As a savvy businessperson, perhaps you stop by the public library one day to check out a book on investments that a friend recommended. The librarian looks up the book, writes down a number on a slip of paper, and points you in the right direction. As you browse the shelves, trying to use the cryptic string of numbers to find the book you want, something begins to feel familiar. Taxonomy.
The Dewey Decimal System
The Dewey Decimal system is the most common library cataloging system, and it can offer insight into how to make the most of a taxonomy for product categorization as well. Just as businesses need to group products for organization, libraries need to file books in a way that is intuitive and user friendly. You don’t want to have to search through cookbooks and ancient literature or skim every title just to find something on the topic you’re interested in.
Taxonomy is all about hierarchy. Group products by similarities, and products share more similarities on more granular levels of the taxonomy. Remember that this isn’t marketing. Imagine if the library grouped a cookbook about vegetables alongside a book about gardening and a memoir of a farmer. Yes, for marketing this might be a good strategy–and maybe a bookstore would have a special display for all of these books–but this shouldn’t be used for organization. In the same way, even if pens, notebooks, and rulers might be bought together, they should not be in the same node of an office supplies taxonomy.
The Dewey Decimal System uses numbers to classify books by topic. The top level categories are things like Philosophy and Psychology (100s), Religion (200s), and Social Sciences (300s). Let’s go back to that book on investment that you’re looking for. In the level beneath Social Sciences, is economics, beneath that is finance, then investing. There it is! You find the book you are looking for. And right next to it, other books on investing, and on the shelves above or below, other types of finance books.
Taxonomy categories need to be at least somewhat balanced to be useful. A taxonomy where 90% of your products live in 1 of your 10 categories is not going to be helpful or easy to navigate.
Dewey has faced major criticism in recent years, as the biases in his cataloging system create a multitude of headaches for libraries looking to broaden their collections. For example, categories within “Literature” include “English Literature”, “French Literature”, “German Literature”, and several other language- or region-specific categories, and then “All Other literature”. This final category is meant to contain everything from Africa, Asia, and the Middle East, as well as native languages from North and South America. Perhaps Dewey’s original library only had a few books from these parts of the world, but a quality library today will have a large collection crammed into one small category, making it more difficult to find what you are looking for.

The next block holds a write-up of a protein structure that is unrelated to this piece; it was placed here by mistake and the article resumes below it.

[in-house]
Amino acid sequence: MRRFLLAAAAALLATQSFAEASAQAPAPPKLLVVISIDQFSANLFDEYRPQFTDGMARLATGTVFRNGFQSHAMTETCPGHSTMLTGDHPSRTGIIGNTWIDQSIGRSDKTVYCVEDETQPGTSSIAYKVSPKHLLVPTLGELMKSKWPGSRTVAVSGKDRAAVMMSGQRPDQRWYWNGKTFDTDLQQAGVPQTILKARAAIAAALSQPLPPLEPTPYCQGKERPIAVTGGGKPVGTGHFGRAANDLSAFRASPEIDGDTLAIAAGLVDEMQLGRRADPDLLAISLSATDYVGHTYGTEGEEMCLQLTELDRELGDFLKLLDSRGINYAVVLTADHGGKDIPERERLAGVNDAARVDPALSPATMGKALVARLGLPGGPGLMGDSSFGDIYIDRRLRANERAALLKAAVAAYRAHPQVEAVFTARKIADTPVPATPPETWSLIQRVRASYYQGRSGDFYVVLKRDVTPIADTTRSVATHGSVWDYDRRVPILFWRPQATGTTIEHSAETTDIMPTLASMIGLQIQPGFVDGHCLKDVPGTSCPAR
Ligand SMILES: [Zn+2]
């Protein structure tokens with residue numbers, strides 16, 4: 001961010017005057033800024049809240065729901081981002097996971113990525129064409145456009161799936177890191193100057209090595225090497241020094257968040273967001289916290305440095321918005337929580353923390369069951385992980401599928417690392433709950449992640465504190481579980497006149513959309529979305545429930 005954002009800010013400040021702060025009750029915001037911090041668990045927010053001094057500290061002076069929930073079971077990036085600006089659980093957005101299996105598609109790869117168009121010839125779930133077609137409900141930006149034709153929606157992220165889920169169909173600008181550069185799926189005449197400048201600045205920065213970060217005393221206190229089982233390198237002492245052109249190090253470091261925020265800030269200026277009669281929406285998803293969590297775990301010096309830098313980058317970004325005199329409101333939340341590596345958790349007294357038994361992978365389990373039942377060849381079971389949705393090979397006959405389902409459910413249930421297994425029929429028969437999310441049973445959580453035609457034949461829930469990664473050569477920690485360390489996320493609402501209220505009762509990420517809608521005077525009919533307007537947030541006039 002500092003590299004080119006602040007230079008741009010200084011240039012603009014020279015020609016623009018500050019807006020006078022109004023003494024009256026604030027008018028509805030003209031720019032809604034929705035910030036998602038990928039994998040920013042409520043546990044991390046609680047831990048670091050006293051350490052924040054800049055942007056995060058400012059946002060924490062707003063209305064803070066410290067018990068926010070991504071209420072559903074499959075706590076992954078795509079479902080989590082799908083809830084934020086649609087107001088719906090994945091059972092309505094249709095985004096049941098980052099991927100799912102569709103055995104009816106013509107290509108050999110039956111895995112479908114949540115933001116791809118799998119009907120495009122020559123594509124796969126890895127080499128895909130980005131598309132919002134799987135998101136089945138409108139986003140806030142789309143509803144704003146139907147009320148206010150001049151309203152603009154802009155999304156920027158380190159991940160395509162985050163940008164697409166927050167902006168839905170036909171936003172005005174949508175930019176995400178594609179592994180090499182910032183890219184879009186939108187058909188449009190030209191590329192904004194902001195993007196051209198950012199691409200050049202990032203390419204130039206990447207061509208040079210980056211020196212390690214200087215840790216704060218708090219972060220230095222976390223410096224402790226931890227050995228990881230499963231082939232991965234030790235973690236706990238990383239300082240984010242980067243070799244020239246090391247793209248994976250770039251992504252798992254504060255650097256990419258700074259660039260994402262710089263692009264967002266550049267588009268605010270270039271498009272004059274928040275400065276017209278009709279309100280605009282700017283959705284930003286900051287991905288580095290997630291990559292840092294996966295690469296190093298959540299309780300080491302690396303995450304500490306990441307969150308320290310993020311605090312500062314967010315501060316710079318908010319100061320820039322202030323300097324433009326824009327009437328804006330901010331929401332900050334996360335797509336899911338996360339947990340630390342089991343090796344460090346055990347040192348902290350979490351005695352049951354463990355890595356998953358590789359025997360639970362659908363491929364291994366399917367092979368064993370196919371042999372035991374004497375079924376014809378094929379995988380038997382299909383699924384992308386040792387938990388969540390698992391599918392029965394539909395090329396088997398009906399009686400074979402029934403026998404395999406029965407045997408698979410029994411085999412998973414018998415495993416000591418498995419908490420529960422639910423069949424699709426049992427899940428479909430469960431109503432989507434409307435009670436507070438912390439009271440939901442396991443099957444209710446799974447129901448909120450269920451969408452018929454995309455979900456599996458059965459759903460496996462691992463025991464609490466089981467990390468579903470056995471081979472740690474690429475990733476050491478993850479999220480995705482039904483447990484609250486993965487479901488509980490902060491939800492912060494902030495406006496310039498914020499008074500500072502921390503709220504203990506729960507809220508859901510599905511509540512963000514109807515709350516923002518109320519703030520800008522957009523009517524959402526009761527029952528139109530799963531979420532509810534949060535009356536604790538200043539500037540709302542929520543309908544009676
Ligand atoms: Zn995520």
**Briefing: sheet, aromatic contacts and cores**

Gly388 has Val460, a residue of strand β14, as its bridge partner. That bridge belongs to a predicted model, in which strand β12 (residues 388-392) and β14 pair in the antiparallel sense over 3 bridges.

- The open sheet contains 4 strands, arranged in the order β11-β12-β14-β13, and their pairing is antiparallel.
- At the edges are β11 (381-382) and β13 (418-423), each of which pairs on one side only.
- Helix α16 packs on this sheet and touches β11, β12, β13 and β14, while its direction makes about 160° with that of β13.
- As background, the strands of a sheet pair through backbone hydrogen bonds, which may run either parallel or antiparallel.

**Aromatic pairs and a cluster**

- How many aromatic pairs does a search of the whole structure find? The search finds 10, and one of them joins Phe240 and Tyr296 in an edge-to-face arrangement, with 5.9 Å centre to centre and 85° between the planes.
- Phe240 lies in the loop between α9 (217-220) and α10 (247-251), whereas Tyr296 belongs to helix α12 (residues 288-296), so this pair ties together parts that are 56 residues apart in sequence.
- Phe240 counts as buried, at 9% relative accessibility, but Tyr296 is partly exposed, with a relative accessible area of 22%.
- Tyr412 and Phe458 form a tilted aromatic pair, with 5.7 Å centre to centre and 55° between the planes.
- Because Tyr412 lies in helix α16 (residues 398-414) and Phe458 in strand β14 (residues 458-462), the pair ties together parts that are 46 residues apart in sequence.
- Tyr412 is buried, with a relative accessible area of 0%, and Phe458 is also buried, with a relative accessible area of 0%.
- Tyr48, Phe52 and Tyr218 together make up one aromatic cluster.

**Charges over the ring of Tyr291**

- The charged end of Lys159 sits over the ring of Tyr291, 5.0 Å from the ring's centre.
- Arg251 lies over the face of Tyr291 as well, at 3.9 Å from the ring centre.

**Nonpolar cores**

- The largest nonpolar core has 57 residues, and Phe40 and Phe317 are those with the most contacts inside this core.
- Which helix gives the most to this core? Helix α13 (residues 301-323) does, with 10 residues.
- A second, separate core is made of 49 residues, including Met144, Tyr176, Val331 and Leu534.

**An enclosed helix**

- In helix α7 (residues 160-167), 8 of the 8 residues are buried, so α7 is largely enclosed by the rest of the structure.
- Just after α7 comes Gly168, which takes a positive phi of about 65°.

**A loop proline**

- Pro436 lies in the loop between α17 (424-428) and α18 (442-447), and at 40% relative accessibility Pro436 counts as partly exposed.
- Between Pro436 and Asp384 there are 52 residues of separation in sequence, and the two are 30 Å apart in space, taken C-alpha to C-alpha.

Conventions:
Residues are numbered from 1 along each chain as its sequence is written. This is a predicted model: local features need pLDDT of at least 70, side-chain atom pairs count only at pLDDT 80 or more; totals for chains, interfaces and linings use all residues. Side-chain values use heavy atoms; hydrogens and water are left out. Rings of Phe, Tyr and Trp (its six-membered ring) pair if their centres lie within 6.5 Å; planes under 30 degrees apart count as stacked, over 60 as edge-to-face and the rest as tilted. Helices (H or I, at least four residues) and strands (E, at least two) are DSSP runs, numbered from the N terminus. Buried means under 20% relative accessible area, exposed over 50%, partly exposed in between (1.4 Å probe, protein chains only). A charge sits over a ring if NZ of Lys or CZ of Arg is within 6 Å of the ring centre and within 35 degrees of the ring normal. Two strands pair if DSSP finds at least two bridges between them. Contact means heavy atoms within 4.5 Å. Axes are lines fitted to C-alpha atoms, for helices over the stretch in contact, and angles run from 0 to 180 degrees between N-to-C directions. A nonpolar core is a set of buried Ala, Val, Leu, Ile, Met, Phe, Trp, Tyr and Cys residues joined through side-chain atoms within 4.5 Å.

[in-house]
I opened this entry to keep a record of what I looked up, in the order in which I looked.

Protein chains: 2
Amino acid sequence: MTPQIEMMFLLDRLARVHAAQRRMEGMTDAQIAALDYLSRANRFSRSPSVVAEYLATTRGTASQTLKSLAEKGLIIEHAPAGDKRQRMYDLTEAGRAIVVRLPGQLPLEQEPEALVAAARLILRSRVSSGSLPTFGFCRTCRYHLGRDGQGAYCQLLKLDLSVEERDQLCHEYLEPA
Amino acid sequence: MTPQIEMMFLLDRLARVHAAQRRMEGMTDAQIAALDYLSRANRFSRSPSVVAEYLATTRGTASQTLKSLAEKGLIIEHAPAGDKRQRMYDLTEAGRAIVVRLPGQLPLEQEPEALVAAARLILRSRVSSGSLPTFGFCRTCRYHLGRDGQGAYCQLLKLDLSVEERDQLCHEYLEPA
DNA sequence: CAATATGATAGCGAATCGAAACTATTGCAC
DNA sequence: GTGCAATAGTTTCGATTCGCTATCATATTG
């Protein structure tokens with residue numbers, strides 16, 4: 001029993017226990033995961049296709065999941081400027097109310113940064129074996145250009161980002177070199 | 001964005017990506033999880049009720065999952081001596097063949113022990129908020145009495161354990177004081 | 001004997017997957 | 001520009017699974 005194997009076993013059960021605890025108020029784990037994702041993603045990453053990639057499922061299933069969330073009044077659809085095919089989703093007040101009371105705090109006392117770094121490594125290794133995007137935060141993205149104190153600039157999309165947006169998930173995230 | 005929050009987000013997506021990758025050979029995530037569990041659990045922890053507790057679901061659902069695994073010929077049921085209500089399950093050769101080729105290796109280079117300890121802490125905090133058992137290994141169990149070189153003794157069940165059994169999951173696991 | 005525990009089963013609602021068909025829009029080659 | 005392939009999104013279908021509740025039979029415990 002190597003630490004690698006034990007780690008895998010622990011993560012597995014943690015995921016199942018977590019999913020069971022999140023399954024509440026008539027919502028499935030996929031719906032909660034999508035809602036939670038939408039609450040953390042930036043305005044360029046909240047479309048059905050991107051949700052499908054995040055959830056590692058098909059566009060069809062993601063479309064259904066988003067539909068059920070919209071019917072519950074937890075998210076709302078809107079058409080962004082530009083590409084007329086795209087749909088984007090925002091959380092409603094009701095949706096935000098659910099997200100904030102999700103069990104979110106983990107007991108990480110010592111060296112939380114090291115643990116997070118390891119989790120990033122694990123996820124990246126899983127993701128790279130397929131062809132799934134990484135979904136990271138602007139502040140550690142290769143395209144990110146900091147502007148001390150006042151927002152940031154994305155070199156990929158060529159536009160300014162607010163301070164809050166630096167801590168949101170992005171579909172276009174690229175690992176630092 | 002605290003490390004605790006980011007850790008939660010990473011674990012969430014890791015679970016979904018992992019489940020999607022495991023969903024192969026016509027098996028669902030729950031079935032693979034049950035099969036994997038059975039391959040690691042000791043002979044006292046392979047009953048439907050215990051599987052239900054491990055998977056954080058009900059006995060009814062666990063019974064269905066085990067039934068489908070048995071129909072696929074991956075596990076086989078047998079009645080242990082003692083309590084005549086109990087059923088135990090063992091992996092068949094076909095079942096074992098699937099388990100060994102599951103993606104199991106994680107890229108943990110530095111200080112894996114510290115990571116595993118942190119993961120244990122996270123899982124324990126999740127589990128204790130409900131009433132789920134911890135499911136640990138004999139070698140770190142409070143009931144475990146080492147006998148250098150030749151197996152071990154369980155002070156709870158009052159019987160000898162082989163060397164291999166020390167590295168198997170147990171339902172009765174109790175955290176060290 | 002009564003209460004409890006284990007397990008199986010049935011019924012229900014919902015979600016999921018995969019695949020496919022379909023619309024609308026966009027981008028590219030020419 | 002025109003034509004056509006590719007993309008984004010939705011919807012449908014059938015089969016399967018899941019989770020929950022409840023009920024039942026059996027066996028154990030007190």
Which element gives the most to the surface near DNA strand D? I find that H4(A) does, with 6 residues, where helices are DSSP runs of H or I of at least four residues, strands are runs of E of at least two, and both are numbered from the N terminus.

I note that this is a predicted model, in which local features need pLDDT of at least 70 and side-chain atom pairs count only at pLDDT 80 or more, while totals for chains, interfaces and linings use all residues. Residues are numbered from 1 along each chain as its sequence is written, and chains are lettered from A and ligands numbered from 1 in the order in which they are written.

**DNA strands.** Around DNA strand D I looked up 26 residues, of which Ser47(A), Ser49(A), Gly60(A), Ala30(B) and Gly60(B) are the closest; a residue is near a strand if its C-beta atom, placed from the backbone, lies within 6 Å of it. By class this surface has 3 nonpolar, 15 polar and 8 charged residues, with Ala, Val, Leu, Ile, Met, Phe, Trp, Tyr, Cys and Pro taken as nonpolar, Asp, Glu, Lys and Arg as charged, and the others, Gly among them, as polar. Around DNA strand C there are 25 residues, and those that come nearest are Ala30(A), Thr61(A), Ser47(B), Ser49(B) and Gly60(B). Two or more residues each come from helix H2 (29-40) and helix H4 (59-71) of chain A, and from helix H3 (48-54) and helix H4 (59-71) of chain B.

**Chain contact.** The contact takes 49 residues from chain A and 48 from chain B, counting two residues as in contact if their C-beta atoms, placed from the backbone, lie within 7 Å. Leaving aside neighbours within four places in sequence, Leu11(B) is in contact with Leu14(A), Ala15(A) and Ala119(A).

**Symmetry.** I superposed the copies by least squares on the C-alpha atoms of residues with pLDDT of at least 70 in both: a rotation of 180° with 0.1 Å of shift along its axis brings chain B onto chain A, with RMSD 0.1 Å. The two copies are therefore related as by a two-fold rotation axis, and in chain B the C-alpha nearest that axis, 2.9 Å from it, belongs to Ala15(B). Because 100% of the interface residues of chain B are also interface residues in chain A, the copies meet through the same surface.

In a product sense, a taxonomy like this makes data validation more difficult. Categories like “Other” or “Miscellaneous” don’t group products based on similarity, losing the value of categorizing in the first place.
Libraries now face the decision of either finding a new system that is more balanced and flexible, or continuing to plow ahead with one that often works against, rather than for them. Taxonomy should make organization simple and logical, and should fit your products. Dewey Decimal System is not flexible enough to be reworked as needs change, but a product Taxonomy can be. Over time, your assortment may change, and specific taxonomy nodes might need to change as well. Say a company started out selling mostly sofas and recliners, but had a few coffee tables and shelves as well. Their categories might be “Sofas”, “Recliners”, and “Hardwood Furniture”. But if they decided to shift to selling dining table sets, end tables, and wooden rocking chairs as well, “Hardwood Furniture” may be too broad a category. They might benefit more by splitting that category into “Tables” and “Chairs”. Your product Taxonomy isn’t set in stone. In fact, it’s beneficial to review and rework certain categories as products and company needs change.
While Dewey has its flaws, it has stuck around so long for a reason. The logic of the categorization is easy to understand. Similar books are grouped together, and the more granular you get, the more similar the topics are. A logical and intuitive product Taxonomy can make your business flow more smoothly and help everyone know where a specific product (or book!) can be found.